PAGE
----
Column: Industry 4.0
Why industry 4.0? And what does a cow have to do with a 3D printer? And what does Schwamendingen have to do with the Rosetta comet sensor?
Industry 4.0? Why not industry 12.3? Or 2.466 v3? After all, I’ve been told about one “industrial revolution” or another time and again over the past few decades. There was the launch of computer-controlled machines (CNC), the Internet that had revolutionised everything anyway up until the New Economy stock market crash, or globalisation with the fantastic phrase “extended workbench” that sounded so much nicer than “moving jobs to low-wage countries.” But fine: Industry 4.0 it is.
Now don’t go thinking Industry 4.0 means that cars drive themselves. This is related, but it’s known as IoT (Internet of Things) and the computer industry is almost more excited about it than about Industry 4.0. The latter means that the cars of the future will not only speed around without drivers in future, but will also first build themselves – and will do so on demand. You would like a more stylish car bonnet? Fiercer looking headlights or a softer rear? No problem – the required softer rear in crimson will be printed immediately. Your rear will “know” to which (future) car it belongs, will call a drone (which will of course control itself), and have this fly it to the assembly location close to you, where one of the last 23 employees in the automobile industry will attach it to your vehicle.
And it’s not just your car that will be manufactured in this way, but also your furniture, your crockery and your automatic rifle. The latter only if you can identify yourself as being authorised to procure an automatic rifle via iris scan or mobile ID, though (or if the software is malfunctioning). The only thing that it won’t be possible to manufacture using Industry 4.0 methods is milk. But let’s be honest: the cow that voluntarily walks over to the milking robot twice a day along with hundreds of others of its kind isn’t really all that different to a 3D printer.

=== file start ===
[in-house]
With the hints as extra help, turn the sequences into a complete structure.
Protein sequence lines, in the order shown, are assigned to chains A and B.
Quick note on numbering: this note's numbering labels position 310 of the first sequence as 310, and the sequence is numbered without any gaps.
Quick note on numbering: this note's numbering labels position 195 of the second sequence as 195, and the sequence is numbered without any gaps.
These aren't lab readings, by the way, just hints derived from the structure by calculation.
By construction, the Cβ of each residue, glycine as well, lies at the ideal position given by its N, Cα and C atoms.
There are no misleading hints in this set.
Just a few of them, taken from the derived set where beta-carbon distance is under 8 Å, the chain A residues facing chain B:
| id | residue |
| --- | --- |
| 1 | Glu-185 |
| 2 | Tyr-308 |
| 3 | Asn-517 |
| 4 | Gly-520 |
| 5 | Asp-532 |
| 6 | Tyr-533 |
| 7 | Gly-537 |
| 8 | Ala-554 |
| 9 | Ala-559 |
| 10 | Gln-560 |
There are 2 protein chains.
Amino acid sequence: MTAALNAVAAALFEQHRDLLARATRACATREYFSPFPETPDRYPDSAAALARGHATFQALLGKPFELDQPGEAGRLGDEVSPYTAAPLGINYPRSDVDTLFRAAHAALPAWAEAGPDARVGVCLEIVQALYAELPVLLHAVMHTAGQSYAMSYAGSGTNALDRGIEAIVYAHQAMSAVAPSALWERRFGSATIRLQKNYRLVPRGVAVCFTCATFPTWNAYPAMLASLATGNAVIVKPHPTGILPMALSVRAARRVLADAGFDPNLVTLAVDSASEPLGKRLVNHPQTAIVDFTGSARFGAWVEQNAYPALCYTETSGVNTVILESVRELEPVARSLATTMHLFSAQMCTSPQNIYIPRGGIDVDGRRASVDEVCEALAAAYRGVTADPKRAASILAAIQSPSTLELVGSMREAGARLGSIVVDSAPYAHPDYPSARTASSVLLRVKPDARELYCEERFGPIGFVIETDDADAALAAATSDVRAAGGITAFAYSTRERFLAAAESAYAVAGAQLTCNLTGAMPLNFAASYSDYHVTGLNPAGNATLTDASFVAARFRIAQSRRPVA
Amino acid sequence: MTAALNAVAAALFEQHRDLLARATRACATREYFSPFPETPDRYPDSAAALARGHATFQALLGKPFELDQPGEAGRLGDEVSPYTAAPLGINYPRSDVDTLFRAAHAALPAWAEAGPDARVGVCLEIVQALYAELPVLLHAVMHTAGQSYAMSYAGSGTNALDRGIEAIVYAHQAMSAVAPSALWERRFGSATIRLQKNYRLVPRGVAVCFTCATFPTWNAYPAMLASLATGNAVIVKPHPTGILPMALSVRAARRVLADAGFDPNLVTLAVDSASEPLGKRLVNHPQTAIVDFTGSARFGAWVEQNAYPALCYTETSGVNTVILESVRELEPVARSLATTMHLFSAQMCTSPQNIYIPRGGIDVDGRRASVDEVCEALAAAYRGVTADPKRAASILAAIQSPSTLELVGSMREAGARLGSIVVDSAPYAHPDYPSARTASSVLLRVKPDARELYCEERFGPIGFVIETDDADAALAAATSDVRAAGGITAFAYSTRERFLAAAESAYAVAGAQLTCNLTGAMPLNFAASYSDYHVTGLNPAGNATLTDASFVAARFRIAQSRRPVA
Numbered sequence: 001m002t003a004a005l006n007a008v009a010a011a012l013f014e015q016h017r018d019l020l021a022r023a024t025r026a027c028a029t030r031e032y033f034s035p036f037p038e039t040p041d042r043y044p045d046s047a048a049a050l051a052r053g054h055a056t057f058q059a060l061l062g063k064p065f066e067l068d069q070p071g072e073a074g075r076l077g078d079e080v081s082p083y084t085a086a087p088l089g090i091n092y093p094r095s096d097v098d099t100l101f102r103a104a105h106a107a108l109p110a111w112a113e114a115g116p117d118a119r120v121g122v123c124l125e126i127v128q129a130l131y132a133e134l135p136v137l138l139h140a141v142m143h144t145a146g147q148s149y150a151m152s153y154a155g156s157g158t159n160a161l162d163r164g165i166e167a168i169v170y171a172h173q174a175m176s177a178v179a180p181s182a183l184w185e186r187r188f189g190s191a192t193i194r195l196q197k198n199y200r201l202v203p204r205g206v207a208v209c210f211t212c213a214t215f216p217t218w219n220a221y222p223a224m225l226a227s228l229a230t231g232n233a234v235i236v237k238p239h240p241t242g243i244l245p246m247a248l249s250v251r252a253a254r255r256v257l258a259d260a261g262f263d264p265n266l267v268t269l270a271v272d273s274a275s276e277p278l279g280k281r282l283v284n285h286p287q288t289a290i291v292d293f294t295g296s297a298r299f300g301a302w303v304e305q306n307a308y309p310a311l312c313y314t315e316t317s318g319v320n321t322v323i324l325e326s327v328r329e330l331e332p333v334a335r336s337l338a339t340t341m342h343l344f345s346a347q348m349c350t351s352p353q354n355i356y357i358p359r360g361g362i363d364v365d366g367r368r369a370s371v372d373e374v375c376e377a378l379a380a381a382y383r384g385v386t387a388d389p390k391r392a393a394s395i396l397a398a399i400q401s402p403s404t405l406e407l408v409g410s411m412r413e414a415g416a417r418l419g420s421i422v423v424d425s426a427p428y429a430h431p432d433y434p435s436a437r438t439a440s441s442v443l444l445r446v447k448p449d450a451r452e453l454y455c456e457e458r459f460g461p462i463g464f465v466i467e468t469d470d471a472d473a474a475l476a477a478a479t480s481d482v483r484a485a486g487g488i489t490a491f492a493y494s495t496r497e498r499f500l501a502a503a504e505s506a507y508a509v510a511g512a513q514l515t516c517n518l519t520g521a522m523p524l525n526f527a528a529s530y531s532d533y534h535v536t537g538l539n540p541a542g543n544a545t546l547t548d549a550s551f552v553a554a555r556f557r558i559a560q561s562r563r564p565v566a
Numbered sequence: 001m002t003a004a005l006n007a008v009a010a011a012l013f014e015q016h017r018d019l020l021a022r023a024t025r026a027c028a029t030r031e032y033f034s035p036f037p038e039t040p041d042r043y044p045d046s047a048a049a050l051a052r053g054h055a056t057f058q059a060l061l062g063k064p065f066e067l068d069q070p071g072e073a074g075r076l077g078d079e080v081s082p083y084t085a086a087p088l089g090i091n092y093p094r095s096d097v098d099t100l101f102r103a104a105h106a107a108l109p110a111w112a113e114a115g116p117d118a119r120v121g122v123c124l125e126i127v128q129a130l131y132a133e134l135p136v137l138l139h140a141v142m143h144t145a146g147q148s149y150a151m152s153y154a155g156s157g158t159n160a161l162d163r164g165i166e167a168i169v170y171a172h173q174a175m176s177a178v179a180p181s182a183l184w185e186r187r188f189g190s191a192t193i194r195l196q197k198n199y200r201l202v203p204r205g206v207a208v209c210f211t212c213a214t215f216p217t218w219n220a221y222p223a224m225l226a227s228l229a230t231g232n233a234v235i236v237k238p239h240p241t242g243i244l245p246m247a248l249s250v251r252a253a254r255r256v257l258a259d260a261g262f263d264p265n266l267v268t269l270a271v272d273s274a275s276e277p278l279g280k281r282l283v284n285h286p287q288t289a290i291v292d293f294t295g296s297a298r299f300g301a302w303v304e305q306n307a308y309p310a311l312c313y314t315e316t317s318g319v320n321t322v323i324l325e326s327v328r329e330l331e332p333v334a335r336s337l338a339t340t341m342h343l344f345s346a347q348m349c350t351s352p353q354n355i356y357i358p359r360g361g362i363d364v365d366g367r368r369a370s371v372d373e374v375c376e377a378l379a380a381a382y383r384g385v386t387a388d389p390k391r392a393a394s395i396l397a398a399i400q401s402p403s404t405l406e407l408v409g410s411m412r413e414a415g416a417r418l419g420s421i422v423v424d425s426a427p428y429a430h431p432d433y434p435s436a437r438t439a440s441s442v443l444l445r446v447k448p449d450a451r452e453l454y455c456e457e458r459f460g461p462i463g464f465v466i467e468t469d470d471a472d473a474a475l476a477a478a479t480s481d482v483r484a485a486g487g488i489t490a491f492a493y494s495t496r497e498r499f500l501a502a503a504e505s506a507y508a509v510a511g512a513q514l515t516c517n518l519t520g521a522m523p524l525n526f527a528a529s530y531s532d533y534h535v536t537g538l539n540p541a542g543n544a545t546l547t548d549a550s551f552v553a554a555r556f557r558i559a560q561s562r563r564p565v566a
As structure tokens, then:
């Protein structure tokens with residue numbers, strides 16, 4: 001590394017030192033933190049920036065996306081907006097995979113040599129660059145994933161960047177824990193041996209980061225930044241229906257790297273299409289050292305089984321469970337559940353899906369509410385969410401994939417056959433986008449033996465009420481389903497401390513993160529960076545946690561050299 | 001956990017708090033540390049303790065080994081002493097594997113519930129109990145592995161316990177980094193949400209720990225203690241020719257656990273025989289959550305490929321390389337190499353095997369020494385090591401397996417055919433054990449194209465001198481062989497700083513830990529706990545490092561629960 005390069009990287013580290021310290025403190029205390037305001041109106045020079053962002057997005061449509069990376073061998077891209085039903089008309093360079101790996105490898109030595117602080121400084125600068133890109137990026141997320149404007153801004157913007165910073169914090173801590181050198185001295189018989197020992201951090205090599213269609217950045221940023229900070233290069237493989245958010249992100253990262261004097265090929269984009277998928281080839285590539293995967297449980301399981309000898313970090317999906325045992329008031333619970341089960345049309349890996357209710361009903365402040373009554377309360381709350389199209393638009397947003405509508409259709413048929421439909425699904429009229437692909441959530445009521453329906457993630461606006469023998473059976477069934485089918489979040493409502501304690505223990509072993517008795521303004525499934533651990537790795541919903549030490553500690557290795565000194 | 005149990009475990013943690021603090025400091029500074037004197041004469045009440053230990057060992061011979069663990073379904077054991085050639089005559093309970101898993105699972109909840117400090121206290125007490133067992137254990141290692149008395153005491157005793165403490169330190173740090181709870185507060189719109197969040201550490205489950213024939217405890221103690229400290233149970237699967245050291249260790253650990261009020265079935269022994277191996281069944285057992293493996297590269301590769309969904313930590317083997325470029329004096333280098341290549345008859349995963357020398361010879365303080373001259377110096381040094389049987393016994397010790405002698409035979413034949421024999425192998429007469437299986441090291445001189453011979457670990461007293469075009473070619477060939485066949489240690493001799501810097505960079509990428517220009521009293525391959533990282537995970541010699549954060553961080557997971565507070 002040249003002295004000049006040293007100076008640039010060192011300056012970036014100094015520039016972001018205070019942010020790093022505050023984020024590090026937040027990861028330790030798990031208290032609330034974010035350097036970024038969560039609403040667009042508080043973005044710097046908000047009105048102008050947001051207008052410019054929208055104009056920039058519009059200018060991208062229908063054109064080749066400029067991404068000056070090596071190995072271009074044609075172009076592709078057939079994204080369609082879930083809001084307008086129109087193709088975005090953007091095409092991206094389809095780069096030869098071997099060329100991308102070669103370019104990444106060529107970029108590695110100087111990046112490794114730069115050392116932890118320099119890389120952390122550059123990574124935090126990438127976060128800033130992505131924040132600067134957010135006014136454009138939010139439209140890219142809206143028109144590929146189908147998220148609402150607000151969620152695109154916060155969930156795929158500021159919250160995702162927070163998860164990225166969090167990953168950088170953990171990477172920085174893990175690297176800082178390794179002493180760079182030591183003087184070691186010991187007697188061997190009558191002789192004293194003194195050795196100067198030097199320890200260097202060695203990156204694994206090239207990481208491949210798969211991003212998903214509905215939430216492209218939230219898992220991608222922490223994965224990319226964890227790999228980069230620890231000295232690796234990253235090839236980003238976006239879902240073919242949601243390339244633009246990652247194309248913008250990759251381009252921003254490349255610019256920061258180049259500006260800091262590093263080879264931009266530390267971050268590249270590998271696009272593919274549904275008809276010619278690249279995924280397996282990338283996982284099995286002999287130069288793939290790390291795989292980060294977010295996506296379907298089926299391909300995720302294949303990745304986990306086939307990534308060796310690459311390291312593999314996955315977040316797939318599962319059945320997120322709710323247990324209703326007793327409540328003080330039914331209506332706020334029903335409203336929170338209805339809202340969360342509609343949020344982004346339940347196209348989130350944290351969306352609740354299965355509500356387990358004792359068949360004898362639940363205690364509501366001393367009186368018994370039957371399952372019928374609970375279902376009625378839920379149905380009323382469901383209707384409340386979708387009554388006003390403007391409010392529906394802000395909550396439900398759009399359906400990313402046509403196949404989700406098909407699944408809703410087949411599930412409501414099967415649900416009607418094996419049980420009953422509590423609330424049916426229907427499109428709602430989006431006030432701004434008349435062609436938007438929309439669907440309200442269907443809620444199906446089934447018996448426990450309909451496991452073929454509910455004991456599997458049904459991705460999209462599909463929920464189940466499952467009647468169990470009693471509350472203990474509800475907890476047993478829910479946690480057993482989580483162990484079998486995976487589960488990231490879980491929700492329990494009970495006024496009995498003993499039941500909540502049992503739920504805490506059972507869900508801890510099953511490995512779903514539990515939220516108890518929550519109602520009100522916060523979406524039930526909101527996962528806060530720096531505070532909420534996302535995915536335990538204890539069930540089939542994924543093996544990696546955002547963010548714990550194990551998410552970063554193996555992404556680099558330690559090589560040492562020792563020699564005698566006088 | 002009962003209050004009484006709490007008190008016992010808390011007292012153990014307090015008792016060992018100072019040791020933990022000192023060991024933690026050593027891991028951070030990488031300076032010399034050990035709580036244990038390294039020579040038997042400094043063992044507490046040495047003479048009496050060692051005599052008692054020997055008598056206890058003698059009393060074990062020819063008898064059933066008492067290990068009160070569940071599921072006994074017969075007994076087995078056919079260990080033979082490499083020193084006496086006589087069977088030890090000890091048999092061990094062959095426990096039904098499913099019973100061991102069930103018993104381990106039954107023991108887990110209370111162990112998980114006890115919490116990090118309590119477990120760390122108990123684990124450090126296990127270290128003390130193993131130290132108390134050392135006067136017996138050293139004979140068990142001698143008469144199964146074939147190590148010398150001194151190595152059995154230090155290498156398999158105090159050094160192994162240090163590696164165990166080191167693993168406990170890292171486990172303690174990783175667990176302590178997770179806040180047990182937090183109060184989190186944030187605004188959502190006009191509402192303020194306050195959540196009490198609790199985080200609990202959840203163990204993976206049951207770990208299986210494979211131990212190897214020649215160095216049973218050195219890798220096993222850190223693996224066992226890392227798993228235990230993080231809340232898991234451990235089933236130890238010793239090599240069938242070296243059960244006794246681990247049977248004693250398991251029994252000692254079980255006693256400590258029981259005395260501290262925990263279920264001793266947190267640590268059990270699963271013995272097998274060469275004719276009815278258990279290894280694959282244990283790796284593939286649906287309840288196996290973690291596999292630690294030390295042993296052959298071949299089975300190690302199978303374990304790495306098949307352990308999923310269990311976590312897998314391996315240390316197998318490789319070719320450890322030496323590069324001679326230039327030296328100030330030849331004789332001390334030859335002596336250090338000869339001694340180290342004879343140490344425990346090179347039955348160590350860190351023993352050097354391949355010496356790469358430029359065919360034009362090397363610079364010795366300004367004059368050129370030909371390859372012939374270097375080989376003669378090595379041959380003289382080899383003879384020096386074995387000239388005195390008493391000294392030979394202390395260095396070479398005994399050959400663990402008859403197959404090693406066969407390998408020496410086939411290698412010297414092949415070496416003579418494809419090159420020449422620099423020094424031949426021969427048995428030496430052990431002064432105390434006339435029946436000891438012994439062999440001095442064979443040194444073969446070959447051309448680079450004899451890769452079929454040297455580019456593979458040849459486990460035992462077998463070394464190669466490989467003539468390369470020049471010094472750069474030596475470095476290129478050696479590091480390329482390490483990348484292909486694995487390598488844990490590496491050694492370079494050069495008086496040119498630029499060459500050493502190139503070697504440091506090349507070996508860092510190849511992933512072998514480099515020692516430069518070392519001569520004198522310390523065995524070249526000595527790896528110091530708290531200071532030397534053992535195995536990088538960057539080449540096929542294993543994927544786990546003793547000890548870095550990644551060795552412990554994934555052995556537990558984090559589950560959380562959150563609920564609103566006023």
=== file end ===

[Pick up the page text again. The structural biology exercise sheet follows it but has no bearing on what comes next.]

“The cow that voluntarily walks over to the milking robot twice a day along with hundreds of others of its kind isn’t really all that different to a 3D printer.”
Now you will say that Industry 4.0 is impossible; a fantasy. Even the autonomously driving car won’t work and if it did it would be much too dangerous. Such a car couldn’t possibly overcome the pitfalls of daily traffic jams without the wise foresight of its driver and her passenger (“Left, leeeeeft I said; yeah, now it’s too late. Hey, didn’t you see that woman with the Zimmer frame?”). Well, you’re wrong.The people who not only gave a probe the pretty name Rosetta, but also managed to send it into space on a rocket, have it gain speed by swinging by first the moon and then some planets and, after a journey of around 6.4 billion kilometres, finally landed it precisely to the millimetre on a tiny heap of dust will also manage to steer a few cars through Schwamendingen electronically. And if they can do Schwamendingen, they can also manage New York.
Christoph Hugenschmidt founded the online newspaper inside-it.ch ten years ago and works there as a journalist and publisher. The 57 year old does not (yet) have a driving licence and thinks self-driving cars with crimson rears are an excellent idea.
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